NASA’s Landsat 8 satellite has captured incredible images of a new lake formed by a surging glacier in northern Pakistan. The new lake is being closely monitored by authorities due to potential for flooding.
While most Himalayan glaciers are retreating, about 200 in the Karakoram, a mountain range spanning the borders of Pakistan, India, and China, are actually doing the opposite, according to NASA. These glaciers cycle through periods when they abruptly flow several times faster than usual.
At peak speeds, surging glaciers can advance several meters per day—fast enough to block streams, bulldoze trees, crash into roads, and damage infrastructure. These surges typically last for a few months (and sometimes several years), and are then followed by a period of little or no movement that can last for a decade or longer.
The surging glacier in Pakistan sits near the 24,970-foot Mount Shishpar. In April 2018, the debris-covered glacier started to accelerate, with certain parts moving as fast as 43 to 59 feet per day. Since the surge started, the front of Shishpar Glacier has advanced by about 1 kilometer. As the ice pushed south past an adjacent valley, it blocked a meltwater stream flowing from the neighboring Muchuhar Glacier. By autumn 2018, the water had pooled up and formed a sizable lake.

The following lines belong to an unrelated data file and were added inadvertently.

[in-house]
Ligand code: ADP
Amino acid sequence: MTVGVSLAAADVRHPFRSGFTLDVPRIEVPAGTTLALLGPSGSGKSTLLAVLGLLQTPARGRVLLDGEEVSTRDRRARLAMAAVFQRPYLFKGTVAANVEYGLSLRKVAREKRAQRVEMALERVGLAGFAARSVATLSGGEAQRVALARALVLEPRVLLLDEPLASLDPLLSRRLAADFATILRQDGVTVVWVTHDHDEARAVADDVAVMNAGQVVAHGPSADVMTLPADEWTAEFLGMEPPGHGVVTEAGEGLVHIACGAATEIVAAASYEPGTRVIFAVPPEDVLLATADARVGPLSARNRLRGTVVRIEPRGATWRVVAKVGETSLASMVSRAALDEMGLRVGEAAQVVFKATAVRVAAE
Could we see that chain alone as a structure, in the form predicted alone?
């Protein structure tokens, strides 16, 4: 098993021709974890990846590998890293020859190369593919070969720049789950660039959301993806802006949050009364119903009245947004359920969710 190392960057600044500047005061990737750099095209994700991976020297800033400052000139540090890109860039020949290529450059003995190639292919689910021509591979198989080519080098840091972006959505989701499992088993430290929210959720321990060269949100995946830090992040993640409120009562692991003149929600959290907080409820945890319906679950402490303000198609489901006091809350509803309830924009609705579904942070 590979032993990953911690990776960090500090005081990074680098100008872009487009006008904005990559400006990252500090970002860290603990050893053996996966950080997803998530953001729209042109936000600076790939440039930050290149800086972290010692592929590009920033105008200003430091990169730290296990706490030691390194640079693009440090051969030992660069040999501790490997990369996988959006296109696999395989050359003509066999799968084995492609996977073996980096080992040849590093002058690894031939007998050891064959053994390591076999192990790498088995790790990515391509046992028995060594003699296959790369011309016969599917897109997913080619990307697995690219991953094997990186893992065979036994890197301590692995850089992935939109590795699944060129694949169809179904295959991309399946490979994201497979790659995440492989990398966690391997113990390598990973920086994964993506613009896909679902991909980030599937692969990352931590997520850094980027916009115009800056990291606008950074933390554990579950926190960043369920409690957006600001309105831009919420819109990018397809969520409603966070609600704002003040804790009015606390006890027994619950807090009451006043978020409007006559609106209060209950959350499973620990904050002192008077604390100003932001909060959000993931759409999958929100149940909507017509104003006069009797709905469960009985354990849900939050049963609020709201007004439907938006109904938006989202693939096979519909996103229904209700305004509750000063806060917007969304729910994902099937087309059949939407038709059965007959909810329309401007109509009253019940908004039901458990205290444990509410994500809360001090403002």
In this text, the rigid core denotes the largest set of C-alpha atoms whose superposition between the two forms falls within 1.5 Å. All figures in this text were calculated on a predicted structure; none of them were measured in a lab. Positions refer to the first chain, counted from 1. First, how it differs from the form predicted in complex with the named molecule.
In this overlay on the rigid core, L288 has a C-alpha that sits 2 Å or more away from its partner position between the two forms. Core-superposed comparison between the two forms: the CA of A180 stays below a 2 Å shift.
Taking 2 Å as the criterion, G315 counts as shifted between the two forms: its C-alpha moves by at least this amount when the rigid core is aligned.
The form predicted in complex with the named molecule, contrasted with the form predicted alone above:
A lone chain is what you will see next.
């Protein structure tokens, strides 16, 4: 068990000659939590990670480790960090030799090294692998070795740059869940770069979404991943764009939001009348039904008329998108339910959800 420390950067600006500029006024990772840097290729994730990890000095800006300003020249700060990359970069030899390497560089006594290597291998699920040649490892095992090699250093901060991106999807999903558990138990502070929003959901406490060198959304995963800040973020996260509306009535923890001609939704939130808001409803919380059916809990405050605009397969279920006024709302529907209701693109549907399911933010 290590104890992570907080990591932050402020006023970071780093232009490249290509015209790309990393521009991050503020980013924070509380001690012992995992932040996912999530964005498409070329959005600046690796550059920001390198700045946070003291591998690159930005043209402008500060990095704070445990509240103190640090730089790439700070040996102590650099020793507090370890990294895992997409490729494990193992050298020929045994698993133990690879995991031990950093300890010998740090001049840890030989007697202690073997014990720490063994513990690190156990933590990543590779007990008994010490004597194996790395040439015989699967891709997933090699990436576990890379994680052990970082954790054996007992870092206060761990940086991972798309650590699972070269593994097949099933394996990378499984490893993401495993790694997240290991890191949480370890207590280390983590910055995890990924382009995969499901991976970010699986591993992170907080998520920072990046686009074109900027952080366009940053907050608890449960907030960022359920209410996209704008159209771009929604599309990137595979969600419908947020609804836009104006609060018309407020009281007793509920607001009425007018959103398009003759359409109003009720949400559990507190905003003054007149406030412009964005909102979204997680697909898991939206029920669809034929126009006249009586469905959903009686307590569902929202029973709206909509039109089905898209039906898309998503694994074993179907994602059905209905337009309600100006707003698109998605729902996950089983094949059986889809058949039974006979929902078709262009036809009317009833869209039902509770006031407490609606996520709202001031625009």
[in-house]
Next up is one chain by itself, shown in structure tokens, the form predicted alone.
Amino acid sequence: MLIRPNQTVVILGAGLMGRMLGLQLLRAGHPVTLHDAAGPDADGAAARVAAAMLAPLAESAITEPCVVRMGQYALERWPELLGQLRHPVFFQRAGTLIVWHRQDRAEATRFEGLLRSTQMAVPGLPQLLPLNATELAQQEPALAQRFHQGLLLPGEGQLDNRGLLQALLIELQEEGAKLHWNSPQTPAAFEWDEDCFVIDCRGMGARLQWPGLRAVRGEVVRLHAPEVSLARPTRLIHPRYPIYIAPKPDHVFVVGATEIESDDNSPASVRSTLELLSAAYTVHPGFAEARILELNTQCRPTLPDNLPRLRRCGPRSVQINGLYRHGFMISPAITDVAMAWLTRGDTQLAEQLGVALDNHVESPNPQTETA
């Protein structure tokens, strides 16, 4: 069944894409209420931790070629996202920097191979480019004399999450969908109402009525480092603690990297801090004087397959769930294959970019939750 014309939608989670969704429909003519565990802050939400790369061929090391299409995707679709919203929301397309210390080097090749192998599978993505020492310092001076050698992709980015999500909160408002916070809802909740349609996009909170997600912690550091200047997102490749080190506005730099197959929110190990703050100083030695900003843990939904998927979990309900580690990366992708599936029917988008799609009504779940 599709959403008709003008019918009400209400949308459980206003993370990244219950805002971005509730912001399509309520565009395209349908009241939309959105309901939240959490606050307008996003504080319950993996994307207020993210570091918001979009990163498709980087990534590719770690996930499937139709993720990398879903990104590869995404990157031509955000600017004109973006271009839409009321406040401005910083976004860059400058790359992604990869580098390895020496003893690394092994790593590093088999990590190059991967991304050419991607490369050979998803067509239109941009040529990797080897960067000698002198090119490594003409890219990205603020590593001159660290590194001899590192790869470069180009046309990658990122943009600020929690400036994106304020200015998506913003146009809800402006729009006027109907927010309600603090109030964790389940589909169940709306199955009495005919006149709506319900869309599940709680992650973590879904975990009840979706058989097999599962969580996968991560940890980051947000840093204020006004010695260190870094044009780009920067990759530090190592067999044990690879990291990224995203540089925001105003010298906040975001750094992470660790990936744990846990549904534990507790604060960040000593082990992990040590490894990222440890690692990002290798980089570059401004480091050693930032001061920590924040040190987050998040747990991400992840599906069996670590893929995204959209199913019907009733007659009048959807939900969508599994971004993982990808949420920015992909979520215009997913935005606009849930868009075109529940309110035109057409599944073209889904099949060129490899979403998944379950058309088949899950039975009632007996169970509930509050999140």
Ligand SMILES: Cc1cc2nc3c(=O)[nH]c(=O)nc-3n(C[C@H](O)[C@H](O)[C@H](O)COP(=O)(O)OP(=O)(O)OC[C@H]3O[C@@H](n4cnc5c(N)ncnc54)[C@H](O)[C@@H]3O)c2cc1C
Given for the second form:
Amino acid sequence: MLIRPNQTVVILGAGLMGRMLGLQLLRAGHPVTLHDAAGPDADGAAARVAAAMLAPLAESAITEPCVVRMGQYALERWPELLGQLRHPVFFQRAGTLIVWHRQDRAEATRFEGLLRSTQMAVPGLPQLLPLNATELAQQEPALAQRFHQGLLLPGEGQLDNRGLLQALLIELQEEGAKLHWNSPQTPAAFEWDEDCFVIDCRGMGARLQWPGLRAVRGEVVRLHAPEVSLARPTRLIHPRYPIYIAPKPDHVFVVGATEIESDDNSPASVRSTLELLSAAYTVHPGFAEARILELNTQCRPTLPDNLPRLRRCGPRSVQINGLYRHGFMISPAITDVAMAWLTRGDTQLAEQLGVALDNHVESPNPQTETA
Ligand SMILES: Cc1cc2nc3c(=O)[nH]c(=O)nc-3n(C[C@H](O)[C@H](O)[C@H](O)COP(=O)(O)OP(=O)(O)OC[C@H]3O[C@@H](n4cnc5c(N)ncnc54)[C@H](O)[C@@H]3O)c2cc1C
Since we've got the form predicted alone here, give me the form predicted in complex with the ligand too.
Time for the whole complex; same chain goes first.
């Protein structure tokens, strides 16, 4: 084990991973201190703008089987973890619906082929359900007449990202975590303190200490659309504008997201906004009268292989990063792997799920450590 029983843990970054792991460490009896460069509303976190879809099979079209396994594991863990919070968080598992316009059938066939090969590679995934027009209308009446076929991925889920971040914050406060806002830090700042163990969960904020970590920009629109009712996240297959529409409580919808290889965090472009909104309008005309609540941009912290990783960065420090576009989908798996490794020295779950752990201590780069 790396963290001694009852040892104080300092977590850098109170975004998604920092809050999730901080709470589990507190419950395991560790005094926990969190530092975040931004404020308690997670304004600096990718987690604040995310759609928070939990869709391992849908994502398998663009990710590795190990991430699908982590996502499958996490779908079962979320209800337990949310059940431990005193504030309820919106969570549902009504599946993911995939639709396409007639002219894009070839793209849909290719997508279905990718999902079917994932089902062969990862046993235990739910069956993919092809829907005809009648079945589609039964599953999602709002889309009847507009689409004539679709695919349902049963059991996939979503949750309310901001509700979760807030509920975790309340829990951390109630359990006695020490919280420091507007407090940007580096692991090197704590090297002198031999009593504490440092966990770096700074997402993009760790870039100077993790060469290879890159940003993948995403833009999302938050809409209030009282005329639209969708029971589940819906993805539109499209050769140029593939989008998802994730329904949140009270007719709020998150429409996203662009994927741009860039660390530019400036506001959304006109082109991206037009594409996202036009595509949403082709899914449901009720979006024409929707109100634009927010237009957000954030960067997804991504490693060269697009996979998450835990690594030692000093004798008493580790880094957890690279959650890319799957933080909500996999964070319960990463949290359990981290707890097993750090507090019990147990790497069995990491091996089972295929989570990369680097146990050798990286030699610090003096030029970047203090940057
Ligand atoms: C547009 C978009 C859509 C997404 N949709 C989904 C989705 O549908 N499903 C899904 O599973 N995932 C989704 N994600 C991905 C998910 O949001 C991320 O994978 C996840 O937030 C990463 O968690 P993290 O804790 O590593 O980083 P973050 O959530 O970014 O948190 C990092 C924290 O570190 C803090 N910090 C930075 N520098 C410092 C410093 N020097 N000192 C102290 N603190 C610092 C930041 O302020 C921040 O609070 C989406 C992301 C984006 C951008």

Images acquired by the Operation Land Imager on Landsat 8 show the position of the glacier and lake on April 1, 2019 compared to April 5, 2018.
Scientists are now conducting frequent ground surveys near Shishpar and analyzing satellite imagery daily because the lake’s ice dams could collapse suddenly or lake water could spill over the dam and cause fast-moving, dangerous floods.
In the case of a severe flood, a nearby section of the Karakoram Highway, large numbers of homes in a nearby village, important irrigation channels, and two power plants could all be affected.
The glacier’s surge has already caused problems: One nearby power station went offline due to a lack of incoming water. A key pathway that miners and cattle once used to cross the glacier safely has also become impassable.
This is not the first time the Shishpar Glacier has surged. According to field research and analysis of satellite imagery, the Shishpar Glacier also surged in 1904-1905, 1972-1976, and 1993-2002.
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